Regional law association says Najib cannot rely on Federal Court’s dissenting judgment in further review bids
(MMO) – A regional law association representing 33 legal bodies said today the Federal Court’s dissenting judgment relied on by former prime minister Datuk Seri Najib Razak in support of an ongoing royal pardon application has no legal grounds for a retrial or a further review of a conviction.
The Law Association for Asia and the Pacific (Lawasia) said it has written to both Prime Minister Datuk Seri Anwar Ibrahim and Attorney General Tan Sri Idrus Harun that the reliance of the dissenting judgment may justify a future attempt to review an already decided review application or even a re-litigation or retrial of a matter in its entirety which is entirely incorrect.
“Whilst dissenting judgments are entitled to respect and have a role to play in the legal process, dissenting judgment does not give grounds for a retrial or a right to a ‘further’ review under the inherent powers of the Federal Court under r 137 of the Rules of the Federal Court 1995.
“The majority judgment of a final Court of Appeal such as the Federal Court is the binding decision of the Federal Court. The rule of law mandates that the majority decision must be given effect to and complied with by all persons who are subject to the jurisdiction of the Federal Court,” its president Melissa Pang said in a statement.
Lawasia said the stance taken by the association is apolitical, as it is merely a fundamental law statement that forms a key part of the rule of law in Malaysia where the majority judgment is final and is to be treated as such, as to the correctness and legal validity of Najib’s convictions.
“It is important that the Malaysian government respect the judgment of the Federal Court and explain to the public the effect of the Federal Court judgment so that there is no misinformation about the result of the proceedings.
“The rule of law exists to protect the public and to ensure that all persons are treated equally,” she said.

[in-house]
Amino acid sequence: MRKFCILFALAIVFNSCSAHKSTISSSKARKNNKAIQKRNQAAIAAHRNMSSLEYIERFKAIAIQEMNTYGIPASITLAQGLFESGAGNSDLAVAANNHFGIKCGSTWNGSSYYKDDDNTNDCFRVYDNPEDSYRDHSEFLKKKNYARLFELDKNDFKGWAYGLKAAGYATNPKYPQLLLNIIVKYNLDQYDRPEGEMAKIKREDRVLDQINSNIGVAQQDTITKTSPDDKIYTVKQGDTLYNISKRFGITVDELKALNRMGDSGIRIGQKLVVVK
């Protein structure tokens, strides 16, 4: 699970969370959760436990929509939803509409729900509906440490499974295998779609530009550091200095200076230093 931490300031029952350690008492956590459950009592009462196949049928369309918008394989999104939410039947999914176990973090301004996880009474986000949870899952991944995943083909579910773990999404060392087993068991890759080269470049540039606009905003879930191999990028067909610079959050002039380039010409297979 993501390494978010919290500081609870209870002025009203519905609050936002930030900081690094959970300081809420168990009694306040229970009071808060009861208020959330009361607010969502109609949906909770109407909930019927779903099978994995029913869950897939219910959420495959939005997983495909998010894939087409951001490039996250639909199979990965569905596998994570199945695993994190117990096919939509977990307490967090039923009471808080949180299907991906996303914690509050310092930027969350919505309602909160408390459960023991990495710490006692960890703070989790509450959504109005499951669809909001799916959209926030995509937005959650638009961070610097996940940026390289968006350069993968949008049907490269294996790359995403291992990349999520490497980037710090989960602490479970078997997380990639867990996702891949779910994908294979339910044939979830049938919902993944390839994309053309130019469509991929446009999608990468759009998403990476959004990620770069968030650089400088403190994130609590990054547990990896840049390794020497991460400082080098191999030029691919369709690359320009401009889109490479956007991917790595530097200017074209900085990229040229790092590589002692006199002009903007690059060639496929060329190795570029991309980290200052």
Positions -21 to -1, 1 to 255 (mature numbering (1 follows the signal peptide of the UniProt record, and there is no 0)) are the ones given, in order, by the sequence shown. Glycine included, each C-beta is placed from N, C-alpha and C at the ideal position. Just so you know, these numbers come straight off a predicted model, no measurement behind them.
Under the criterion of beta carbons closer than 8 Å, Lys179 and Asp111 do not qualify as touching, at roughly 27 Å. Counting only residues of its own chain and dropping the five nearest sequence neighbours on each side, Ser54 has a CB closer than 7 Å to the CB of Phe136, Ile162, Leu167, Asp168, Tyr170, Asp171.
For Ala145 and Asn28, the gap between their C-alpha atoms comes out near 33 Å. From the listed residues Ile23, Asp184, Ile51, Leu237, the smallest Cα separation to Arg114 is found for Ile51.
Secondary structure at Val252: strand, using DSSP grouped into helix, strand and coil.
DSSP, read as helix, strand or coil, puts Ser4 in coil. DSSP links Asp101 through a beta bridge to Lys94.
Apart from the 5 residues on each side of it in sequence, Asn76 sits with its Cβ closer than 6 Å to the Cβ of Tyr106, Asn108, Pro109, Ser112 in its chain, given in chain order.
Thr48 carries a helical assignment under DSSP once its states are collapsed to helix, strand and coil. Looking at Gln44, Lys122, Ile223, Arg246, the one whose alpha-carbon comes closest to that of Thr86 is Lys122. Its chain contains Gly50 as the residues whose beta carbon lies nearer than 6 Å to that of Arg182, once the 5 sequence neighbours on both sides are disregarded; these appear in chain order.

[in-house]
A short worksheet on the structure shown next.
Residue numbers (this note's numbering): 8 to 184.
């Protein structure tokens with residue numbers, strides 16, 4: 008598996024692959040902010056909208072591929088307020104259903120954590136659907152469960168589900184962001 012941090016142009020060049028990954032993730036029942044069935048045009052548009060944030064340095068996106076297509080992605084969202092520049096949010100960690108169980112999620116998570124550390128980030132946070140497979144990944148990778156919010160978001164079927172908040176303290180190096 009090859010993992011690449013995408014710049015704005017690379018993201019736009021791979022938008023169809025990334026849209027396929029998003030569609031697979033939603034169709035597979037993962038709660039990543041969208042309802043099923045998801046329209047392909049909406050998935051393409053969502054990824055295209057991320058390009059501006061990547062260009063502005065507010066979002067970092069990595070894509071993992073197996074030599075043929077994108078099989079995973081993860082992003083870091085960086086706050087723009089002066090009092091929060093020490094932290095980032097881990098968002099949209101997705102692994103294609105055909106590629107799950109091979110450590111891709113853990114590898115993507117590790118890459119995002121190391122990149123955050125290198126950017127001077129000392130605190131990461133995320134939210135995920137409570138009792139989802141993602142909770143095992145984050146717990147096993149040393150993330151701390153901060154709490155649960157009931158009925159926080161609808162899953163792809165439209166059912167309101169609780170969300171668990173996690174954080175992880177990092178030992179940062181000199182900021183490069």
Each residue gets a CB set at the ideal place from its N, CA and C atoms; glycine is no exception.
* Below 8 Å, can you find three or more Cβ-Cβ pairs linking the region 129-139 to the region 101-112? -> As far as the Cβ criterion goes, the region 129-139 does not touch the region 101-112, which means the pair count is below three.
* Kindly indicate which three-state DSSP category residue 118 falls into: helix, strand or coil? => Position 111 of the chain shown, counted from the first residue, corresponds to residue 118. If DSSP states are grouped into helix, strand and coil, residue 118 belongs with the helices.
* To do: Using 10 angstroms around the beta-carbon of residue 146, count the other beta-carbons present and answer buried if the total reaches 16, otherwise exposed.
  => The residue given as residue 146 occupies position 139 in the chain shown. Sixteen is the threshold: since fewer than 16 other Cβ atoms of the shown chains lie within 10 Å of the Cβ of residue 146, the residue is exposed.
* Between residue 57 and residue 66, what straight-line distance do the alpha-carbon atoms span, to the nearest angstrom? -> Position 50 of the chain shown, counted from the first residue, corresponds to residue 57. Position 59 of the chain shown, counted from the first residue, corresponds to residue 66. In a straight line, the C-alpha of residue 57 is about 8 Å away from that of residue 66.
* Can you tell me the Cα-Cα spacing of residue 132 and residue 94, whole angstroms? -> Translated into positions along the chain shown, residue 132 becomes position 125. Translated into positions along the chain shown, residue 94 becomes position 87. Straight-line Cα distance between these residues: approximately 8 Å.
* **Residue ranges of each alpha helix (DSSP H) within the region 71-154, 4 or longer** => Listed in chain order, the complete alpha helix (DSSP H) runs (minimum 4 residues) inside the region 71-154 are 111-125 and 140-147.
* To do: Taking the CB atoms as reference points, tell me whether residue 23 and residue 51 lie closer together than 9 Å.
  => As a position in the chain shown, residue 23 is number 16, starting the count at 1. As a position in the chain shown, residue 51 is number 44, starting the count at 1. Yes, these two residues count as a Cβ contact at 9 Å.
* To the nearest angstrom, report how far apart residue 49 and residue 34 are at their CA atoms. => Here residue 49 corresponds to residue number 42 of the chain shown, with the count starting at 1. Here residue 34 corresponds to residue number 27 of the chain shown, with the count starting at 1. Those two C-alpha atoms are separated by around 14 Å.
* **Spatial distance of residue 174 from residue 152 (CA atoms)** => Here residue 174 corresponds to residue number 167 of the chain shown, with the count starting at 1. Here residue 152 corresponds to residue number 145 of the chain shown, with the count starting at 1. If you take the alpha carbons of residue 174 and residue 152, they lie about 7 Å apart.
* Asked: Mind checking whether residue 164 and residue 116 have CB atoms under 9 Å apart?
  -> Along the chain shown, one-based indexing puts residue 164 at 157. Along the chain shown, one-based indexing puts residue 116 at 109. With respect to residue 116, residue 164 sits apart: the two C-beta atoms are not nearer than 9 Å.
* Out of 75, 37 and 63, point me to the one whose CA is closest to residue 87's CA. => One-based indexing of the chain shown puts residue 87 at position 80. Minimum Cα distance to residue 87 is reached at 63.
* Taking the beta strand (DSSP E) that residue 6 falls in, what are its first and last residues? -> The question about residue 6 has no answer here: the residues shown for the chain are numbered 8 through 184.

In her letter, Pang explained that a dissenting judgment is merely an expression of a disagreement or difference of judicial opinion that does not become a part of case law or have any binding precedential value.
“Indeed, dissenting judgments are a healthy feature of a well-functioning legal system that upholds the rule of law.
“They can instigate robust debate on important issues as the subject of the judgment. That should not be inhibited or stymied in a democracy,” she wrote.
She added that any action that seeks to either misrepresent the dissenting judgment as prevailing over the majority judgment or confuse the public about the finality of the majority judgment will undermine public confidence in the judiciary and the administration of justice in Malaysia.
In the wake of a probe by the Malaysian Anti-Corruption Commission (MACC) against trial judge Datuk Mohd Nazlan Mohd Ghazali, Pang also said the investigation by the MACC on matters concerning judicial ethics is an overreach and amounts to judicial interference that undermined public confidence in the judicial system.
Pang’s letter therefore urged the federal government to take steps against government agencies to refrain them from any actions that may undermine the judiciary’s independence and compromise public confidence in the judiciary.